"I am afraid the event will mar our holiday gayeties to some extent, stranger though he is!" deplored the hostess. "Some people are superstitious about such things. His must have been the spectral visage I saw at the window. I was sure it was that of a white man although Winston tried, to persuade me to the contrary."

"It is dreadful!" ejaculated Mabel energetically. "He, poor homeless wayfarer, perishing with cold and want in the very light of our summer-like rooms; getting his only glimpse of the fires that would have brought back vitality to his freezing body through closed windows! Then to be hunted down by dogs, and locked up by more unfeeling men, as if he were a ravenous beast, instead of a suffering fellow-mortal! I shall always feel as if I were, in some measure, chargeable with his death—should he die. Heaven forgive us our selfish thoughtlessness, our criminal disregard of our brother's life!"

"I understood you to say there was no hope!" interrupted Mrs. Aylett.

"So Dr. Ritchie declares. But I cannot bear to believe it!"

She pressed her fingers upon her eyeballs as if she would exclude some horrid vision.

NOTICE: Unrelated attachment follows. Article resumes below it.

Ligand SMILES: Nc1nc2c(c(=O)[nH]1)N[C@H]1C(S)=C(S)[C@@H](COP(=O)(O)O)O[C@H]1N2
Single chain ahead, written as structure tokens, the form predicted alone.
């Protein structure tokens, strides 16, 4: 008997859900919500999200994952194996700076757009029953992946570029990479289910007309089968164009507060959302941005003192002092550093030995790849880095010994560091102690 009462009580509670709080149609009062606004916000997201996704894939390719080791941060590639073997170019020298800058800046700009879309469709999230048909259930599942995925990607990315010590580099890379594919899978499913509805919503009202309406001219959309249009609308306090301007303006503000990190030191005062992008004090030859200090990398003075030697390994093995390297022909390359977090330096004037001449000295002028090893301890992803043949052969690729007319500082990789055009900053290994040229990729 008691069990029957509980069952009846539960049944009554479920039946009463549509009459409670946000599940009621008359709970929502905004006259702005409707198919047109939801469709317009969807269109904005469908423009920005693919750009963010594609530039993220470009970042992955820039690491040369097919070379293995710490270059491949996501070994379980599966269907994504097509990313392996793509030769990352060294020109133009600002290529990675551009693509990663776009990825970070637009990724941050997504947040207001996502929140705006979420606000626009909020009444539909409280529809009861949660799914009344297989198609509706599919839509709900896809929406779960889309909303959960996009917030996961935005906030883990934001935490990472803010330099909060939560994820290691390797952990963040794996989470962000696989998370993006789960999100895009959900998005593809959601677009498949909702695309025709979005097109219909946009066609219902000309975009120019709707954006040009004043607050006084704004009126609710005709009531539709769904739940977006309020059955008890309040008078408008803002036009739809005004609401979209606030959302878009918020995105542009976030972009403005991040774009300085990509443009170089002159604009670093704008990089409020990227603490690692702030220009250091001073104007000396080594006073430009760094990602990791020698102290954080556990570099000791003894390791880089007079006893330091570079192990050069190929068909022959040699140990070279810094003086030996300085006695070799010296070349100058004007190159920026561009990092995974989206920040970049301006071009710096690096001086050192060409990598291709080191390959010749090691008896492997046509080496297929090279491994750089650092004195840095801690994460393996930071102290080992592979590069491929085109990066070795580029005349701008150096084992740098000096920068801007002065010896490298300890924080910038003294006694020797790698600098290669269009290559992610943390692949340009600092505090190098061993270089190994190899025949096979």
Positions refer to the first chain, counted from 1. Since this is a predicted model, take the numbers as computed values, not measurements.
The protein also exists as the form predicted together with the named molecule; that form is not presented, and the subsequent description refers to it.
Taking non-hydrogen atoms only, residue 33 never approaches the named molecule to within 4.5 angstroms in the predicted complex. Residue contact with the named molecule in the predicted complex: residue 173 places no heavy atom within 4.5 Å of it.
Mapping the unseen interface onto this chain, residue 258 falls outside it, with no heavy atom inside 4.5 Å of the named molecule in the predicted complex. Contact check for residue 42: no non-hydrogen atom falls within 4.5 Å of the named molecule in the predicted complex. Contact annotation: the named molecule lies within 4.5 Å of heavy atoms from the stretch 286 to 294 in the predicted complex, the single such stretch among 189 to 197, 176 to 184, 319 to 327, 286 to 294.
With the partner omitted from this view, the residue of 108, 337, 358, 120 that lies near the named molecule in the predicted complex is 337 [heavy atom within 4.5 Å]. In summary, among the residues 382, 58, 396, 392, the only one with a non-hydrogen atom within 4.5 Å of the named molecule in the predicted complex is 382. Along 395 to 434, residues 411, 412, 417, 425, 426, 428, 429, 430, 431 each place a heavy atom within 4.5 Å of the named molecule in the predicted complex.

"My dear sister! your nerves have been cruelly tried. To-morrow, you will see this matter—and everything else—through a different medium. As for the object of your amiable pity, he is, without doubt, some low, dissipated creature, of whom the world will be well rid."

"I am not certain of that. There are traces of something like refinement and gentle breeding about him in all his squalor and unconsciousness. I noticed his hands particularly. They are slender and long, and his features in youth and health must have been handsome. Dr. Ritchie thought the same. Who can tell that his wife is not mourning his absence to-night, as the fondest woman under this roof would regret her husband's disappearance? And she may never learn when and how he died—never visit his grave!"